What is it?
The Job Support Scheme is designed to protect viable jobs in businesses who are facing lower demand over the winter months due to Covid-19, to help keep their employees attached to the workforce. The company will continue to pay its employee for time worked, but the burden of hours not worked will be split between the employer and the Government (through wage support) and the employee (through a wage reduction), and the employee will keep their job.
The scheme will open on 1 November 2020 and run for 6 months, until April 2021. Further guidance will be published shortly. The Government will pay a third of hours not worked up to a cap, with the employer also contributing a third. This will ensure employees earn a minimum of 77% of their normal wages, where the Government contribution has not been capped. Employers using the Job Support Scheme will also be able to claim the Job Retention Bonus if they meet the eligibility criteria.
How does it work?
- The Job Support Scheme starts on 1 November. It will run for six months – the Government hasn’t yet said when employers will have to apply to take part.
- To qualify for the scheme, you must work at least a third of your normal hours. You’ll be paid as normal by your employer for that time.
- For the hours employees can’t work, the cost is usually split THREE ways – the state pays a third, your employer pays a third and you lose a third. So an employee working 33% of their hours would earn at least 77% of their usual pay – 55% paid for by their employer, 22% by the Government.
- However crucially the state contribution’s capped at just under £700/mth – so those earning more than around £38,000/yr will get less. The state won’t pay more than £697.92/mth, which means those who earn more than a certain amount – by our calculations, around £38,000/yr, though we’re checking – could get less than the 77%.
Who is eligible?
The scheme’s open to many – but not all employers can take part. It’s UK-wide – all small and medium-sized businesses are eligible, but larger businesses will be required to prove they’ve been adversely affected by coronavirus. Employers can take part regardless of whether they used the furlough scheme – those retaining furloughed staff on shorter hours can be part of the scheme and still get the job retention bonus announced earlier this summer. Employees cannot be on a redundancy notice while taking part.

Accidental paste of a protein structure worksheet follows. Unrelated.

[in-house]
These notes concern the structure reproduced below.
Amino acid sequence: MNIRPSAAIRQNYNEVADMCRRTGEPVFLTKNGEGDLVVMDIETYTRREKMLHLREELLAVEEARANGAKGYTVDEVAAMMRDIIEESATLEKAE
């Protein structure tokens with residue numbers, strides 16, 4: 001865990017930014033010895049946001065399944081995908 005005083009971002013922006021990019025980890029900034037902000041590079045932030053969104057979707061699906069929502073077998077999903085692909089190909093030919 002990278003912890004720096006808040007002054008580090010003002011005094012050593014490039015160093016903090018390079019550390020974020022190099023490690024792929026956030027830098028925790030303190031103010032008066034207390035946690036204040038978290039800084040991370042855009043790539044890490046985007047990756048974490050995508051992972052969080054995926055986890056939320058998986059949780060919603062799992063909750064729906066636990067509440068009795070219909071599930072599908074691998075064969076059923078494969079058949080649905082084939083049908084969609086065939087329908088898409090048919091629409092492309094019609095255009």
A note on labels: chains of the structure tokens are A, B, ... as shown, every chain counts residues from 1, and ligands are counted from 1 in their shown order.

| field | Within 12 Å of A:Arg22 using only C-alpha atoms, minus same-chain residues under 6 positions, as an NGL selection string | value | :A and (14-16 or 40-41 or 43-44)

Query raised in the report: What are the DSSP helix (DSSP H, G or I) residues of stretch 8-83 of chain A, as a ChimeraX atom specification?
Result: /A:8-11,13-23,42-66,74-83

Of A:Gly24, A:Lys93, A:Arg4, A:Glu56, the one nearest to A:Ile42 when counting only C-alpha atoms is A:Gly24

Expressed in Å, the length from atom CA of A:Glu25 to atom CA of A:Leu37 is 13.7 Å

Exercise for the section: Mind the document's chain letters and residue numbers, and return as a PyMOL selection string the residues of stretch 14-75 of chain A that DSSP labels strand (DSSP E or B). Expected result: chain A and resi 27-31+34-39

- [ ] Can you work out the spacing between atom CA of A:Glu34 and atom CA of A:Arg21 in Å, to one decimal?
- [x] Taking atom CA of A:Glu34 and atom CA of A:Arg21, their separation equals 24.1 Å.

- All employers with a UK bank account and UK PAYE schemes can claim the grant. Neither the employer nor the employee needs to have previously used the Coronavirus Job Retention Scheme.
- There will be no financial assessment test for small and medium enterprises (SMEs). Large businesses will have to meet a financial assessment test, so the scheme is only available to those whose turnover is lower now than before experiencing difficulties from Covid-19.
- Our expectation is that large employers using the Job Support Scheme will not be making capital distributions, such as dividend payments or share buybacks, whilst accessing the grant. Further details will be set out in guidance.
- Employees must be on an employer’s PAYE payroll on or before 23 September 2020. This means a Real Time Information (RTI) submission notifying payment to that employee to HMRC must have been made on or before 23 September 2020.
- In order to support viable jobs, for the first three months of the scheme the employee must work at least 33% of their usual hours. After 3 months, the Government will consider whether to increase this minimum hours threshold.
- Employees will be able to cycle on and off the scheme and do not have to be working the same pattern each month, but each short-time working arrangement must cover a minimum period of seven days.
- What does the grant cover?
- For every hour not worked by the employee, both the Government and employer will pay a third each of the usual hourly wage for that employee. The Government contribution will be capped at £697.92 a month.
- Grant payments will be made in arrears, reimbursing the employer for the Government’s contribution. The grant will not cover Class 1 employer NICs or pension contributions, although these contributions will remain payable by the employer.
- “Usual wages” calculations will follow a similar methodology as for the Coronavirus Job Retention Scheme. Full details will be set out in guidance shortly. Employees who have previously been furloughed, will have their underlying usual pay and/or hours used to calculate usual wages, not the amount they were paid whilst on furlough.
- Employers must pay employees their contracted wages for hours worked, and the Government and employer contributions for hours not worked. Our expectation is that employers cannot top up their employees’ wages above the two-thirds contribution to hours not worked at their own expense.